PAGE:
Hockey Hall of Fame - Stanley Cup Journals: 2010, 09

Jordan Hendry brought the Stanley Cup to his hometown of Nokomis, SK.
Jordan Hendry brought the Stanley Cup to his hometown of Nokomis, SK. (Walt Neubrand/Hockey Hall of Fame)
The Blackhawks picked up Jordan Hendry as a free agent during the summer of '06, and he turned into quite a find. The Nokomis, Saskatchewan native moved to Alaska in 2002 to play hockey for the University of Alaska-Fairbanks of the Central Collegiate Hockey Association (CCHA). The strong skater went undrafted but established himself as a strong defensive defenceman, and Jordan turned pro with the Norfolk Admirals, the American Hockey League affiliate of the Chicago Blackhawks, in 2005-06.

Hendry impressed the big club, and he joined Chicago for half of the 2007-08 season, part of 2008-09 and much of this past Stanley Cup season. In fact, he played in 15 playoff games, including three in the final. Although he wasn't dressed for the clinching contest, he was on the ice in full uniform when the Cup was presented by NHL commissioner Gary Bettman to captain Jonathan Toews.

"It was kind of a unique situation," Jordan told The Regina Leader-Post. "Me and Colin Fraser and Bryan Bickell were all on the roster throughout the playoffs. We all got dressed (in our gear) in the third period. (When Patrick Kane scored the Cup-winning goal in overtime), we just ran from the locker room right onto the ice and threw our gloves off. It was definitely the best feeling of my life so far."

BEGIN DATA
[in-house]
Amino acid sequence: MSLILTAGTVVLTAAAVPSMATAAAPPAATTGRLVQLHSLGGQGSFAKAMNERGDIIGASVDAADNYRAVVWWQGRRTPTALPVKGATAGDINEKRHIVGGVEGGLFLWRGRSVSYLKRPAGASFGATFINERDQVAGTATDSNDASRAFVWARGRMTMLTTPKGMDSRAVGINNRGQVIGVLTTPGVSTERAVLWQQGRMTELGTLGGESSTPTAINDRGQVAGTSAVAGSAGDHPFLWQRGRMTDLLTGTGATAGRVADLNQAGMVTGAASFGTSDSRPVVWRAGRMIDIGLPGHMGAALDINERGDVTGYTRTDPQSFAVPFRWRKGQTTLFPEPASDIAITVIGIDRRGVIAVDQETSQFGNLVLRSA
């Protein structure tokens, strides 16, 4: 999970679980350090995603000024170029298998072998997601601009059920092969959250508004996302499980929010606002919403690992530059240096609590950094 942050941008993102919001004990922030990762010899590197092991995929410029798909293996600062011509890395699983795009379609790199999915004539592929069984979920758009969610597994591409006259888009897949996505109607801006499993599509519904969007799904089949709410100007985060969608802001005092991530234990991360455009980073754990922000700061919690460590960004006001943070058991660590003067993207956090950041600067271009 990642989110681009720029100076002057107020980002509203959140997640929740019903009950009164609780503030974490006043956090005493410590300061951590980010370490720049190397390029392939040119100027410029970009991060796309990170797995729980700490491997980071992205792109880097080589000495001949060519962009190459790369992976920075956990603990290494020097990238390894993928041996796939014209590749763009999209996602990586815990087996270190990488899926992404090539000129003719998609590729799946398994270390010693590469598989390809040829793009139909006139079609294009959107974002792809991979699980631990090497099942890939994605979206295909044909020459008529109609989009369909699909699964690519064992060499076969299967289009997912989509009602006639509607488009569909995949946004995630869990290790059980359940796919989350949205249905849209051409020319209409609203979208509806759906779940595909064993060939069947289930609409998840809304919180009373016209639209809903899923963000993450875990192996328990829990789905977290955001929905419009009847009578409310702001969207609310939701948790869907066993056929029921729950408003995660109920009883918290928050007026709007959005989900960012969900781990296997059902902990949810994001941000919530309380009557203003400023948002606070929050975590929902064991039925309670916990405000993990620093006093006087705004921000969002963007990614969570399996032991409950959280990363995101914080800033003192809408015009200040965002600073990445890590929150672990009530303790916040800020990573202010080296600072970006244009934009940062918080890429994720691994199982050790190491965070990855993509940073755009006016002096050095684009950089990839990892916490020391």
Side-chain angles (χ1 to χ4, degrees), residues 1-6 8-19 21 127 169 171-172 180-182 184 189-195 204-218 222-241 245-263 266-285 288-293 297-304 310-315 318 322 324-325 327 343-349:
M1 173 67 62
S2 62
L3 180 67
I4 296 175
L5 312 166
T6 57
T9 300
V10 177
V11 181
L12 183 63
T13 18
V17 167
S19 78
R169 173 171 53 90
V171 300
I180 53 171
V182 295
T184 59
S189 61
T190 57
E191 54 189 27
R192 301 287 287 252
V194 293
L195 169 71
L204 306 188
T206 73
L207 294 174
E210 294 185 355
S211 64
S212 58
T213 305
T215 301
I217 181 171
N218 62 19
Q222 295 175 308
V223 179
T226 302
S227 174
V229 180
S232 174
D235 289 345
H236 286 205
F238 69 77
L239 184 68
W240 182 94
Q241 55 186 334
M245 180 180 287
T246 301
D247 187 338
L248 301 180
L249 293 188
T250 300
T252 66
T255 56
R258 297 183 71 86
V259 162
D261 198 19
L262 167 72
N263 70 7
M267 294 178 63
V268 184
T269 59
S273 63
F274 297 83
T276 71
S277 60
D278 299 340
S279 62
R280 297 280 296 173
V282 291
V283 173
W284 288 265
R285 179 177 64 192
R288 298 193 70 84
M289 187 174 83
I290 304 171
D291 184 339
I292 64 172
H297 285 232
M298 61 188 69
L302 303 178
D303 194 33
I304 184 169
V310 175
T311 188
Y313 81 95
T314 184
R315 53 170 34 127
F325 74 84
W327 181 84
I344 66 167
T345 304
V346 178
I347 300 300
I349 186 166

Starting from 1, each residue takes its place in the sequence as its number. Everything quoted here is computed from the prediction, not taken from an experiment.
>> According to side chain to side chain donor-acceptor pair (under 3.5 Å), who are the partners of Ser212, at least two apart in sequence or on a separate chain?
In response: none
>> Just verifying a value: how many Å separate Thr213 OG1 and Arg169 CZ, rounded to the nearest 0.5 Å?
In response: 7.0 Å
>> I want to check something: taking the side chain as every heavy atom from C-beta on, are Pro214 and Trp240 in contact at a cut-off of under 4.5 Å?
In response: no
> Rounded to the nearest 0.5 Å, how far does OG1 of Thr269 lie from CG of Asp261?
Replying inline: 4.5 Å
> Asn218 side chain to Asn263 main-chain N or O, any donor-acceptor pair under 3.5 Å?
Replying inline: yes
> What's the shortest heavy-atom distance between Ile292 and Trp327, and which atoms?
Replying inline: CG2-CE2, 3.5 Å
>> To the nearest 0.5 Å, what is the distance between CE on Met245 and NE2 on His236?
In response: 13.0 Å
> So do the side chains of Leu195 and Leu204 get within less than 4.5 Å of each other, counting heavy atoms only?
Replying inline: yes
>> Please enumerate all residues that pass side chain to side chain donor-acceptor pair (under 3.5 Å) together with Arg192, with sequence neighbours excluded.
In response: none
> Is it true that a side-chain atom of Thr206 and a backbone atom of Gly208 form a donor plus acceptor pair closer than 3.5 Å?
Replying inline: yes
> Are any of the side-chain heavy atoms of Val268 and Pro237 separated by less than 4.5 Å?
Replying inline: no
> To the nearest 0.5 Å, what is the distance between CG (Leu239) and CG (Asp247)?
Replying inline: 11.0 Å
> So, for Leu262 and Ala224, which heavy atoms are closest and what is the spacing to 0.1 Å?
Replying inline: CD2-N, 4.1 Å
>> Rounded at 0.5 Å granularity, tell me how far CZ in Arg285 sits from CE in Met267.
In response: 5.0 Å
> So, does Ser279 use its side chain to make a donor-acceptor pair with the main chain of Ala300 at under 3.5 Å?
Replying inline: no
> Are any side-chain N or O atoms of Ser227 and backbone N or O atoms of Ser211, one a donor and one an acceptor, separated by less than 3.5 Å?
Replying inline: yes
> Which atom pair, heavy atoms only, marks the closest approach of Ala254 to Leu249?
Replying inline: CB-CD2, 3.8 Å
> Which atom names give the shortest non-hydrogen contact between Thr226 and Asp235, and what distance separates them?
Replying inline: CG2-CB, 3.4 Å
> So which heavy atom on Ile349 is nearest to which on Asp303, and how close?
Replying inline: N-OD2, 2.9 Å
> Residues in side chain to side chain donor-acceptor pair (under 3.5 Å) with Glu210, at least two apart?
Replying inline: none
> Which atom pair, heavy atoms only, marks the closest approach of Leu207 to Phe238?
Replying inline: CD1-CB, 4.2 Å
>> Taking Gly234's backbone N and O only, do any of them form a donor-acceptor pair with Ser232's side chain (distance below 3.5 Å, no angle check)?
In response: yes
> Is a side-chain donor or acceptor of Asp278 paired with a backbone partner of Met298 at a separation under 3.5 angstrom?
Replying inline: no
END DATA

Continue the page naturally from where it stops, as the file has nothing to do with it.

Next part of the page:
Jordan Hendry and his girlfriend pose for a photo with the Stanley Cup on Lost Mountain Lake in Saskatchewan.
Jordan Hendry and his girlfriend pose for a photo with the Stanley Cup on Lost Mountain Lake in Saskatchewan. (Walt Neubrand/Hockey Hall of Fame)
The 26-year-old Hendry had dreamed of the scenario through his entire life. "As kids, you play street hockey with your buddies and you always play for the Stanley Cup. It feels very surreal to bring the actual Stanley Cup back and share it with everyone. It's one of those things that I always dreamed of doing!"

Ironically, for a town of just 436 residents, Jordan is not the first Stanley Cup winner to come from Nokomis. Elmer Lach, an Honoured Member of the Hockey Hall of Fame, was a three-time Stanley Cup champion with the Montreal Canadiens, and is their oldest alumnus.

The Stanley Cup had left Coach Quenneville and the Canada Day parade in Windsor and was flown across Canada, arriving at its destination in Nokomis in the early evening of July 1. Jordan was there to greet his prize, joined by his mother, Lois, and his father, Ron. There was a party planned over at the Nokomis Recreation Centre, and more than a thousand people greeted Hendry and the Cup (astonishing given that the town's population is less than half of that number!).

Fans stood in line to meet Jordan, get autographs and a picture with the Stanley Cup, with donations accepted for the arena fund and the minor hockey program. The Stanley Cup left at midnight, but the party carried on until 6:00AM Friday morning!